This course of action might not be viable for you. Still, we want to stress that even if you think you need redirection, you might not. There are modern, reliable, and safe ways to provide the same functionality. 

Nevertheless, we will offer some alternatives.

Limiting Destinations

Limiting the possible redirection destinations available to users can go a long way toward preventing attacks. 

Additionally, using fixed options in your application makes it harder for these exploits to work.

Sanitizing Input

Parsing and sanitizing user inputs can weed out many of the attacks the application could be subject to. For example, if the user is not supposed to navigate out of your domain but tries to anyway, that is a red flag.

A simple implementation of this solution on Spring boot would look like the following:

private val BASE_PATH: String = "http://mysafesite.com/"
private val VALID_PATHS = HashSet<String>(arrayOf("/profile", "/photos", "/music").asList());

fun redirectTo(path: String): String { 
    var normalized_path: String = Paths.get(path).normalize().toString()

    if (VALID_PATHS.contains(normalized_path)) {
        return "redirect:" + BASE_PATH + normalized_path;
    } else { 
        return "Access Error";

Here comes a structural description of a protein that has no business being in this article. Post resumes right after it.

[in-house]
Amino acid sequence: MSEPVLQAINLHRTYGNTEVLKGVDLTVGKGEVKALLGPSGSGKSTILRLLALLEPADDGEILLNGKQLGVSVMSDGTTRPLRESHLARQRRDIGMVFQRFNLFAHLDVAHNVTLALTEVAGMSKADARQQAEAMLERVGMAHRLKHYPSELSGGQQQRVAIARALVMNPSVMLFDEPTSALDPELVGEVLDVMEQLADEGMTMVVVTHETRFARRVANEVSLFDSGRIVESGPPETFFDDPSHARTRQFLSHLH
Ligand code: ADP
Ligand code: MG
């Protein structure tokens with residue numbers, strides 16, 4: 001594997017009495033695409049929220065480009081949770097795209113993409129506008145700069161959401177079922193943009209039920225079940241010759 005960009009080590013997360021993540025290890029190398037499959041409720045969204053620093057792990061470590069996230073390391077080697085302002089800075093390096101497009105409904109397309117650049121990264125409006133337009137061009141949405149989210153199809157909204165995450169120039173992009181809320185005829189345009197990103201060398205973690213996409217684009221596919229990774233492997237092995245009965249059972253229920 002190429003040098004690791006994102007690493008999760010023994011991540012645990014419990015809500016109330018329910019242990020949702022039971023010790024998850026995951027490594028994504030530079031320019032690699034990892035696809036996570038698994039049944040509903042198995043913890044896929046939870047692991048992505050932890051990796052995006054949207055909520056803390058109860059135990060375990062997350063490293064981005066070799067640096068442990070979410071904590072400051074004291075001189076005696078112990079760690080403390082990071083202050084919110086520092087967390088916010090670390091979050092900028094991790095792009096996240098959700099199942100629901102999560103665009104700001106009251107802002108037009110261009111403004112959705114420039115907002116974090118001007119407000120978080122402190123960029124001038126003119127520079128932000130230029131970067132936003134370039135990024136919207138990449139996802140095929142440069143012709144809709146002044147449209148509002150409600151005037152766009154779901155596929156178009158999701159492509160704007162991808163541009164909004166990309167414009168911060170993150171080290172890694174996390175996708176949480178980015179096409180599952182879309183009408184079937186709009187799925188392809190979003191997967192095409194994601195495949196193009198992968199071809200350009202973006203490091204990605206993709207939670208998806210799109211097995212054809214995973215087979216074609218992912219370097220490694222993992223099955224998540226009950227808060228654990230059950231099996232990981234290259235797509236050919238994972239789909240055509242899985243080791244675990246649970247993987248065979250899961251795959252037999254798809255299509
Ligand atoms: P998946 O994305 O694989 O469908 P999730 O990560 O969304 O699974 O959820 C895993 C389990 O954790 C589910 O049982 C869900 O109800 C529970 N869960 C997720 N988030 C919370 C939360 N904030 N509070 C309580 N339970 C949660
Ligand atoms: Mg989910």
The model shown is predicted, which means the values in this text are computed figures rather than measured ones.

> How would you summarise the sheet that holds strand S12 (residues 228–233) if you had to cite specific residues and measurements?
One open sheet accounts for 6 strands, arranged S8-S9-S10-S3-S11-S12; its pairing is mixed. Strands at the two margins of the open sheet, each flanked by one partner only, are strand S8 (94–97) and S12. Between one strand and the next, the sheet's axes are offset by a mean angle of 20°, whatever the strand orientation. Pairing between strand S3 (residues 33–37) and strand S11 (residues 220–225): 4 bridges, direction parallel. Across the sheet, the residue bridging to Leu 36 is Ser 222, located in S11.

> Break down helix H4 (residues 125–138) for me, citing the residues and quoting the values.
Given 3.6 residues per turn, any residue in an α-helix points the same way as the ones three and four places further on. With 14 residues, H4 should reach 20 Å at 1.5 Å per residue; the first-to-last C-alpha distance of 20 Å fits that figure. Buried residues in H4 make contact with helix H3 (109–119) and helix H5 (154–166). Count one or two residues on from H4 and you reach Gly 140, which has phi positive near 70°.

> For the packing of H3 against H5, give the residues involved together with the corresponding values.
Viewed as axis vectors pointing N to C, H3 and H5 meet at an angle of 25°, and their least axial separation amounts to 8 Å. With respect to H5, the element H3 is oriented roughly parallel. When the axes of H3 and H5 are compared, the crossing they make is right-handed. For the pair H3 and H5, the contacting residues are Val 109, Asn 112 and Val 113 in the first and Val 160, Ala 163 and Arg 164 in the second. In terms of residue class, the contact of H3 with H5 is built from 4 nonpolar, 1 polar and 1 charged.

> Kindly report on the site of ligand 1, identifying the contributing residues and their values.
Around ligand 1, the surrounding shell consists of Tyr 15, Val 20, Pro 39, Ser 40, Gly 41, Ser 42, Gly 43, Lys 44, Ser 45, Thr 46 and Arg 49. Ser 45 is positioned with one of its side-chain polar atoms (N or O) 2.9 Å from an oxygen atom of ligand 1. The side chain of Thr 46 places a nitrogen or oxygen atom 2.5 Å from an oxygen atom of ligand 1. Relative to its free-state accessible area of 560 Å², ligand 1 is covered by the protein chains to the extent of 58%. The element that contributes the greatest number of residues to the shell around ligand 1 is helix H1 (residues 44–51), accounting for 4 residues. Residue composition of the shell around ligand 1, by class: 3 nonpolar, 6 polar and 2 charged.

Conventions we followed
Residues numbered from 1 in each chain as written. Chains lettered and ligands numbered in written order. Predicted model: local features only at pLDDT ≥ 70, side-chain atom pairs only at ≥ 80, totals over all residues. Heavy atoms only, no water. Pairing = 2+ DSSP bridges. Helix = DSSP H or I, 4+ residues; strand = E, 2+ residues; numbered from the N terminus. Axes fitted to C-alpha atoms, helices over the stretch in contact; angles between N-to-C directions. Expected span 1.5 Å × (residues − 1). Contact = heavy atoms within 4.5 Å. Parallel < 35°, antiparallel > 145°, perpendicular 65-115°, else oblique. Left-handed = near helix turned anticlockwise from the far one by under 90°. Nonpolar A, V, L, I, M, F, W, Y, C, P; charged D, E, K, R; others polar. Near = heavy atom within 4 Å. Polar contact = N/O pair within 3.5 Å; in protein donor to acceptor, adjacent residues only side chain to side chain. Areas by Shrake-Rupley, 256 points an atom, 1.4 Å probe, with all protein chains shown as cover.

}
}

Notice that we are verifying that the user input is in the safelist with a simple match. However, you can implement a more robust and complex matching solution with a RegEx.

Additionally, we explicitly indicate the URL's domain in the redirect. This way, if the attacker manages to exploit the safelist for some reason, the attack will not succeed in taking the user away from your domain.

Beyond these strategies, implementing system-wide solutions like firewalls and redirection notices is recommended.

Find and Fix Security Vulnerabilities

In Conclusion

Finally, we want to stress the importance of regular penetration tests, security audits, and keeping libraries updated. Unfortunately, doing this extra work can be complex and time-consuming. That's why we encourage you to consider StackHawk.

StackHawk tests your production-ready applications, services, and APIs for security vulnerabilities that your team might have introduced. Additionally, it searches for exploitable open source security bugs and suggests actionable solutions to mitigate them.

Please follow this link if you want to read more about our solution and start providing sound and reliable protection for your platforms.

This post was written by Juan Reyes. Juan is an engineer by profession and a dreamer by heart who crossed the seas to reach Japan following the promise of opportunity and challenge. While trying to find himself and build a meaningful life in the east, Juan borrows wisdom from his experiences as an entrepreneur, artist, hustler, father figure, husband, and friend to start writing about passion, meaning, self-development, leadership, relationships, and mental health. His many years of struggle and self-discovery have inspired him and drive to embark on a journey for wisdom.


StackHawk  |  November 16, 2021